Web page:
There’s probably some parallel universe in which one might feel comfortable reviewing a Tacoma Dome performance by the man born Reginald Dwight in London, England. He’s 72 now, so it’s perfectly understandable the guy’s singing his swan song after half a century of touring and worldwide notoriety. There is, however, not a chance in the galaxy I’d ever feel qualified to critique Sir Elton Hercules John himself. He’s the Pinball Wizard, the Rocket Man. He has an Oscar, a Tony, five Grammy Awards, a Grammy Legend Award and the best-selling physical single of all time in the U.S., “Candle in the Wind 1997.” By that year he’d already been in the Rock & Roll Hall of Fame for three years. He hit Billboard for the first time in 1970, then its top-40 chart 56 times since then, logging yet another top-10 album for the 20th time only three months ago. Oh, not for nothing, his AIDS foundation has raised over $400 million to combat HIV.
So no, I’m not reviewing Elton John’s “Farewell Yellow Brick Road World Tour,” which played Tacoma Dome last night. I will report it started promptly at 8 with the chug and clang of “Bennie and the Jets,” then squeezed about two dozen hits into two and a half hours. If John’s aging voice can’t hit the lofty heights it once did crooning Bernie Taupin’s lyrics to “Rocket Man” or the titular closer, deal with it; his piano hands are as virtuosic as ever. I can tell you he changed costumes twice, including his signature eyeglasses. I observed his longtime backing band of six, notably percussionist Ray Cooper and guitarist Davey Johnstone, reproducing most of the orchestral depth of “Philadelphia Freedom.” And oh, yeah — Did I mention we got to see the farewell tour of Elton Crocodile Rockin’ John? The Wizard dedicated this final rendition of “Your Song” to concert audiences who’ve loved him since he was 17. He gave us permission to consider it our song now, blew Tacoma Dome a kiss, and headed off down the Yellow Brick Road — except the truth is, those songs have always been our songs, yours and mine, and they will be till the last music plays on planet earth.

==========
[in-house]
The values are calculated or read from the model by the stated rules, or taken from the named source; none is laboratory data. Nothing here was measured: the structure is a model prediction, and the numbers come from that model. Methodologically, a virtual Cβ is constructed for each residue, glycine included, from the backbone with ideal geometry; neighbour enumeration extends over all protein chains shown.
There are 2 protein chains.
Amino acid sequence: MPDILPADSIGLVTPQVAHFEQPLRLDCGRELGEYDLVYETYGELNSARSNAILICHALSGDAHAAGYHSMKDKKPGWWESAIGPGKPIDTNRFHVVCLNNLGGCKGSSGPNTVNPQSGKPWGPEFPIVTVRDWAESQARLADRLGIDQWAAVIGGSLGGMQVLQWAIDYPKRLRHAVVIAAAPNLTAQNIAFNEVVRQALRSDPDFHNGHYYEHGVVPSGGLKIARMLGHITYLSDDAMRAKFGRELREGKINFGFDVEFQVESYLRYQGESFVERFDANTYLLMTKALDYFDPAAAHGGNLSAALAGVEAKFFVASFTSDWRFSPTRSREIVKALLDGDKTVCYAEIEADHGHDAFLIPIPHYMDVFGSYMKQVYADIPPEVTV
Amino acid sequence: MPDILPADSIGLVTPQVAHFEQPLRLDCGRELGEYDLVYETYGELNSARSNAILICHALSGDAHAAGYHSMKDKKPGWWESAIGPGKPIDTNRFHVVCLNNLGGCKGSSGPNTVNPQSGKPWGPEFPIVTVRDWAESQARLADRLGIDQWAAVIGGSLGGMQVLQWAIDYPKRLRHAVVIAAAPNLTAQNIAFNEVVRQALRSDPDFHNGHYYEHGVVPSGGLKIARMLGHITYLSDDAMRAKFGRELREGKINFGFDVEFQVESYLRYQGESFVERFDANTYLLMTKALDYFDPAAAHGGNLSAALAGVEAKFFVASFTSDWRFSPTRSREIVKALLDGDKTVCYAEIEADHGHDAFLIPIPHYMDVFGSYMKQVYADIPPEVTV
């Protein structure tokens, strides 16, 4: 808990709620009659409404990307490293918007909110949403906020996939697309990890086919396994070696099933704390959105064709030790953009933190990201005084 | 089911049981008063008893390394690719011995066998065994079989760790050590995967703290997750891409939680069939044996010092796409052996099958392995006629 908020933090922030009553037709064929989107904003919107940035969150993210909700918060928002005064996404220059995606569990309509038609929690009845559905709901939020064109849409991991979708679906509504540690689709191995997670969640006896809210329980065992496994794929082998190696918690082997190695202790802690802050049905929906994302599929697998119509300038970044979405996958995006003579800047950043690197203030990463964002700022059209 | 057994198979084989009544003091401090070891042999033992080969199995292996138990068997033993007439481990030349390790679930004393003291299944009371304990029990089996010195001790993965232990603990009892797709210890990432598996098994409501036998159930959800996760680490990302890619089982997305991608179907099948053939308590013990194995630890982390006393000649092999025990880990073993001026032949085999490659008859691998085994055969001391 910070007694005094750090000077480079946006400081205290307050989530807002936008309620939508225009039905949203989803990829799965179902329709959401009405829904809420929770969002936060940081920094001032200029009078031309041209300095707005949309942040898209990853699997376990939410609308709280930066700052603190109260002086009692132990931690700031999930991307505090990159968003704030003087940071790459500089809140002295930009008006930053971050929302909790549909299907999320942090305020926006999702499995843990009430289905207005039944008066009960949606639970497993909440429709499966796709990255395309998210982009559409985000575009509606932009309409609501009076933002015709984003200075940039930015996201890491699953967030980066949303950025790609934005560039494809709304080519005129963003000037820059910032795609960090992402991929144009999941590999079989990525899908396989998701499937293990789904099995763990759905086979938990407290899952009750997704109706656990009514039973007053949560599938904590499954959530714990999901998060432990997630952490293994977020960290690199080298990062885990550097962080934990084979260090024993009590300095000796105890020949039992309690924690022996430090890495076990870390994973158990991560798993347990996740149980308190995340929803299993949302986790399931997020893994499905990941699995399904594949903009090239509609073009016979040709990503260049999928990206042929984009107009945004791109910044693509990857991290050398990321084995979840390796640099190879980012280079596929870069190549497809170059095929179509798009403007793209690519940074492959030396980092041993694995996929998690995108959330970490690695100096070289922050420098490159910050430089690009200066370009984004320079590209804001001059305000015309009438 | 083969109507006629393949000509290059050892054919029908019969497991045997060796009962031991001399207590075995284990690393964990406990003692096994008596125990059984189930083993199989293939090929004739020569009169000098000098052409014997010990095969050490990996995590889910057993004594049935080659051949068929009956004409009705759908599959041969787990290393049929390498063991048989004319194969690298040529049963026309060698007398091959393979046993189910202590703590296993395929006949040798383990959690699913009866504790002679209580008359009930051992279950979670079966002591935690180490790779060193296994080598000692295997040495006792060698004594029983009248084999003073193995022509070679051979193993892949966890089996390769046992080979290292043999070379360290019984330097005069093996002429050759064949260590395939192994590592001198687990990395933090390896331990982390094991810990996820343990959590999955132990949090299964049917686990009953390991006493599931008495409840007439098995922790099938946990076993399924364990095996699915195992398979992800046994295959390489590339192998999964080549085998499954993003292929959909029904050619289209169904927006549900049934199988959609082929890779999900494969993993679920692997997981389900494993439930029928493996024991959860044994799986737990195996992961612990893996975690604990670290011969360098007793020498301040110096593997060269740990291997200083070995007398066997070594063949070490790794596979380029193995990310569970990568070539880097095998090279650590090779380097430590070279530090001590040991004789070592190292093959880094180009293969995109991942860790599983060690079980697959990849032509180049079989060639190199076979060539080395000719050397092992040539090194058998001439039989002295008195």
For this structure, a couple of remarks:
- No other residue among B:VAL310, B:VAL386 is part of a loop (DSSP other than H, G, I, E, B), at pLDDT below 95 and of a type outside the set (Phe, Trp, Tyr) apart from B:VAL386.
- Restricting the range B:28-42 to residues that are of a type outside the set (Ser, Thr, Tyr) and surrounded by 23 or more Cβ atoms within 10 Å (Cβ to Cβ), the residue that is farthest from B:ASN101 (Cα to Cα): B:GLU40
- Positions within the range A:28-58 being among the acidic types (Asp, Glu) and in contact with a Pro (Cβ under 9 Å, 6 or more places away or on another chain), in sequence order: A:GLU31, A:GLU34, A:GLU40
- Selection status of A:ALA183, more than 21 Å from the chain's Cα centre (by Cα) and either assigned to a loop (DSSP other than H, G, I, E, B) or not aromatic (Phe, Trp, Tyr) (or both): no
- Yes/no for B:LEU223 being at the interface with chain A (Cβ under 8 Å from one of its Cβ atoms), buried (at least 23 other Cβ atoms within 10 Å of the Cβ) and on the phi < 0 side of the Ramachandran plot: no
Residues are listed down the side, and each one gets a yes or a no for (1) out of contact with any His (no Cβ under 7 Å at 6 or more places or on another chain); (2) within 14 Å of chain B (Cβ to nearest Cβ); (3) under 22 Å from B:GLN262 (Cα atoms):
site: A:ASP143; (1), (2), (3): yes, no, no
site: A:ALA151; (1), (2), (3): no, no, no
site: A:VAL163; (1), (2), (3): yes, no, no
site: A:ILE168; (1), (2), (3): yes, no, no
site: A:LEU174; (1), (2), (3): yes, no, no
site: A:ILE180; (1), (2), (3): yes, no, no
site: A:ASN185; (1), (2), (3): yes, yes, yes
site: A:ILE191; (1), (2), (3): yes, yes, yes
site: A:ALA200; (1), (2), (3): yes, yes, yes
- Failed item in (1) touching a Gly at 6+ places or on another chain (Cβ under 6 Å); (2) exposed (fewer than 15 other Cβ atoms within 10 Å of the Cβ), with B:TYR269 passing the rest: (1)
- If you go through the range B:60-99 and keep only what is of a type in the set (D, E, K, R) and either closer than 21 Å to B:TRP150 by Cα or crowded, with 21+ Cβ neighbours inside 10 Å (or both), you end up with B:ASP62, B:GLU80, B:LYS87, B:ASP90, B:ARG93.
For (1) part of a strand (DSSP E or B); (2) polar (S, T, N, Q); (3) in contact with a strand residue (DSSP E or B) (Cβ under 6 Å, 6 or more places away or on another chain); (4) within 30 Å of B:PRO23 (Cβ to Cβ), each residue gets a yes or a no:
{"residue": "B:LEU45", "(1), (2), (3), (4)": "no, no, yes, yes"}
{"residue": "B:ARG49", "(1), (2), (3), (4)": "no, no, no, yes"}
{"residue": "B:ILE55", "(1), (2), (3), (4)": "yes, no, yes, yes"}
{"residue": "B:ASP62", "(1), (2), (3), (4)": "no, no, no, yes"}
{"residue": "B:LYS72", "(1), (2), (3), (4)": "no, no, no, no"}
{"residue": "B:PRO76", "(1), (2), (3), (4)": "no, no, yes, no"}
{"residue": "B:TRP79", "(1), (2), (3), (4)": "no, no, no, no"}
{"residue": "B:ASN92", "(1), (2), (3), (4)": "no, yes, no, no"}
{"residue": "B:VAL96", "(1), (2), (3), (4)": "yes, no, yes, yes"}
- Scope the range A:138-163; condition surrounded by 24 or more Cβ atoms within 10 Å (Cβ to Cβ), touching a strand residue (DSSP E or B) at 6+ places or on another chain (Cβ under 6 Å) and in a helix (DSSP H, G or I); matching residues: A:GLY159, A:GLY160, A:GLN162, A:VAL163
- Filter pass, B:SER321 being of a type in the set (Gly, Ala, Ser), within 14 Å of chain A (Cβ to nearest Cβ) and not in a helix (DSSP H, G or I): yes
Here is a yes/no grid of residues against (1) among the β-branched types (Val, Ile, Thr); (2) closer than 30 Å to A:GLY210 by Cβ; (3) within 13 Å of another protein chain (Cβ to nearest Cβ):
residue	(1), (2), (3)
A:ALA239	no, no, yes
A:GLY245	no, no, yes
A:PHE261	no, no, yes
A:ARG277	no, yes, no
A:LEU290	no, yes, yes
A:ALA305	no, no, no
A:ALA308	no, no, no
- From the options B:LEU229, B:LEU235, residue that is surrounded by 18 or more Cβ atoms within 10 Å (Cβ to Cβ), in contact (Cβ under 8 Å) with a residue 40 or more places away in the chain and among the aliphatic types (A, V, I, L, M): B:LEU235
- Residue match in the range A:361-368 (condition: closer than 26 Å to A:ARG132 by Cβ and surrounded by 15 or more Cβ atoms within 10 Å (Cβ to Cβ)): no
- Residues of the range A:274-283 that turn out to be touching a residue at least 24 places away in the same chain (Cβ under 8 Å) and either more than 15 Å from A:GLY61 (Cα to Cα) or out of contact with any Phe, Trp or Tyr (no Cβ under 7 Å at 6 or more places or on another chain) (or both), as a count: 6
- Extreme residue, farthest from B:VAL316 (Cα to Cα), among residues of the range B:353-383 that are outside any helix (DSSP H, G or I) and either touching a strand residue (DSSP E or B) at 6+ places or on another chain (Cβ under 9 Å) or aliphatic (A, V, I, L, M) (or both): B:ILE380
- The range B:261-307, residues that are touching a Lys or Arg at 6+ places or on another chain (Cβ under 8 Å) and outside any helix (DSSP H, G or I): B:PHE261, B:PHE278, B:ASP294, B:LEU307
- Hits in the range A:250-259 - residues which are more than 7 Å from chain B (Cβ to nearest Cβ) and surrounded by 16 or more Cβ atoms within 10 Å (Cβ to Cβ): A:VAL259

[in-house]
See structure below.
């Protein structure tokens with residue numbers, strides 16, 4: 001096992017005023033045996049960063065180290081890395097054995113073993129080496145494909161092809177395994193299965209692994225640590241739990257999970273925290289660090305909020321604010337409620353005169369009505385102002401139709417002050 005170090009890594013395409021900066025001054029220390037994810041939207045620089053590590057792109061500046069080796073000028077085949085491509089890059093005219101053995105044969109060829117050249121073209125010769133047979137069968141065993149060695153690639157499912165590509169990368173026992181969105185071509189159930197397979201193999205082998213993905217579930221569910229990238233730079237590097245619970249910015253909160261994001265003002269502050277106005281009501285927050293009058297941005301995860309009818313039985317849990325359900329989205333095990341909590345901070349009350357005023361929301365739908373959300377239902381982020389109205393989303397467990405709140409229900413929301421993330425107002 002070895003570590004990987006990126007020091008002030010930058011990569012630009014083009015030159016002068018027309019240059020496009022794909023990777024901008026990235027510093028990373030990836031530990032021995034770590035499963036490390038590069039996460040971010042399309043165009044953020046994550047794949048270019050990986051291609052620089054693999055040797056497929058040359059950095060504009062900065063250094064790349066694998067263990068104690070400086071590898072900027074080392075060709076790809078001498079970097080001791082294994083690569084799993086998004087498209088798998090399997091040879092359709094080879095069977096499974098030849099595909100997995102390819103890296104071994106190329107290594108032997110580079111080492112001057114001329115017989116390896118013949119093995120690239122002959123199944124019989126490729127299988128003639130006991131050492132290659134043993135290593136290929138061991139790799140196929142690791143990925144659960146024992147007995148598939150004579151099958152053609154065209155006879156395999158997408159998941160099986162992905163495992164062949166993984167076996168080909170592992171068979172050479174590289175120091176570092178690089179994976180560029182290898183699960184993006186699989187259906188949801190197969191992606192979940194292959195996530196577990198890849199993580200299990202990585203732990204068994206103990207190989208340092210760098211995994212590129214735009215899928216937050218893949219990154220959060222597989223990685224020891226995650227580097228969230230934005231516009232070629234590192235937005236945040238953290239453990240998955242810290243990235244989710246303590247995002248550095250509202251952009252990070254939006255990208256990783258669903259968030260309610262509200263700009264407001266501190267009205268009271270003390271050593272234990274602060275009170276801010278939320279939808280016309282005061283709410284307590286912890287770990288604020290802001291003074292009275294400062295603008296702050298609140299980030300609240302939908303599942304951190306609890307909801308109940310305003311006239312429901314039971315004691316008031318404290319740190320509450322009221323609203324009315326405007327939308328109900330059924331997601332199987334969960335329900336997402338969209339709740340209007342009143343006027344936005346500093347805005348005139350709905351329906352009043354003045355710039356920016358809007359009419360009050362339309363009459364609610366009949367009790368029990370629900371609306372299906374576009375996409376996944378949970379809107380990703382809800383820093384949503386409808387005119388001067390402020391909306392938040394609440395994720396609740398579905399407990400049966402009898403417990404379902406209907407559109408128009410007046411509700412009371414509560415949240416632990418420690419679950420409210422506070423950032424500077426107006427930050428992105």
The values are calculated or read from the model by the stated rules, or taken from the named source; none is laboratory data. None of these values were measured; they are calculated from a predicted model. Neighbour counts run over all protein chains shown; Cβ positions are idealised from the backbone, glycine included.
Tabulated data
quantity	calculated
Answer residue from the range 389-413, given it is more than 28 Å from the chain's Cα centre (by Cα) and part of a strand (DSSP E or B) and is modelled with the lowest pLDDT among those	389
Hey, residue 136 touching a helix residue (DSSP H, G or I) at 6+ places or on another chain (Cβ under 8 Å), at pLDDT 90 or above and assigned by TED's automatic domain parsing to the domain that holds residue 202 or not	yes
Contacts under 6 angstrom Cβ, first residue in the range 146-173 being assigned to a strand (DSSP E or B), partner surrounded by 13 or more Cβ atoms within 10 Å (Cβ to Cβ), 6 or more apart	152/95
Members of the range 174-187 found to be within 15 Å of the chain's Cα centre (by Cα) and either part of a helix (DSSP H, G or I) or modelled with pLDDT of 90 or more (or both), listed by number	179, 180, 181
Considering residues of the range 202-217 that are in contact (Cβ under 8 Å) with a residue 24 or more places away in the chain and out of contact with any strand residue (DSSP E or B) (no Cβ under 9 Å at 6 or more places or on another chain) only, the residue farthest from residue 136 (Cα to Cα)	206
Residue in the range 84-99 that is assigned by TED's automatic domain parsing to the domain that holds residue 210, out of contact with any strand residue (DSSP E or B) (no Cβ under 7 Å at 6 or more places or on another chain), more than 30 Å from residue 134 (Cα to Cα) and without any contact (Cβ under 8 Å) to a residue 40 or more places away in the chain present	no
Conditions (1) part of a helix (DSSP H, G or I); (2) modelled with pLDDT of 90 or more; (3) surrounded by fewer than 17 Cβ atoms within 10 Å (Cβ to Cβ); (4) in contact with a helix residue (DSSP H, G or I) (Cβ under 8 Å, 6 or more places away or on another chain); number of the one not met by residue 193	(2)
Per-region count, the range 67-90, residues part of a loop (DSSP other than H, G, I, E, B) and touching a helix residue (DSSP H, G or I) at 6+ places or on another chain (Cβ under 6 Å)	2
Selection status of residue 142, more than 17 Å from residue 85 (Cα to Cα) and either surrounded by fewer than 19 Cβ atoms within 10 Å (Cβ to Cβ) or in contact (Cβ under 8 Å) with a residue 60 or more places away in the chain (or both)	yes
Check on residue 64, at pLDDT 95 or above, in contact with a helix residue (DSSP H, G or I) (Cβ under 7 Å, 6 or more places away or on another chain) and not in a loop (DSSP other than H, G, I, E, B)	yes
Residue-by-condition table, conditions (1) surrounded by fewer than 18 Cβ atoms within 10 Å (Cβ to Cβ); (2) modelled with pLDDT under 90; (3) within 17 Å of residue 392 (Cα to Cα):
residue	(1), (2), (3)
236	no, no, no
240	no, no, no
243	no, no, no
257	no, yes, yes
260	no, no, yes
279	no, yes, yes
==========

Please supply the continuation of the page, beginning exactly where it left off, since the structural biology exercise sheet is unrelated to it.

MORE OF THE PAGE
See, it’s only an inch shy of true to say Elton John owns stock in every car radio sold for the last 50 years. I can’t compartmentalize him as “merely” the artist Beatles and Eagles revere as a living legend. It’s not enough to say John resides in the musical pantheon. No, he inhabits the mixtape my first serious girlfriend gave me. To this day, “Tiny Dancer” reminds me of glorious heartbreak. When the fictional band Stillwater sang along with that song in Almost Famous, I did, too, as did every other person in the theater where I first saw the film. When I hear an Elton John song, I’m reminded of a date my friend Colin cut short in college. When his companion mentioned casually she’d “never cared for Elton John,” Colin stood, announced, “We’re done here,” departed the restaurant and never saw her again. And we got it. In fact, I believe on some level, despite her humiliation, she probably did, too.
Next show at this venue: Bob Seger
Tacoma Dome, 2727 E. D St., Tacoma
8 p.m. Saturday, Sept. 21 (rescheduled from Feb. 9)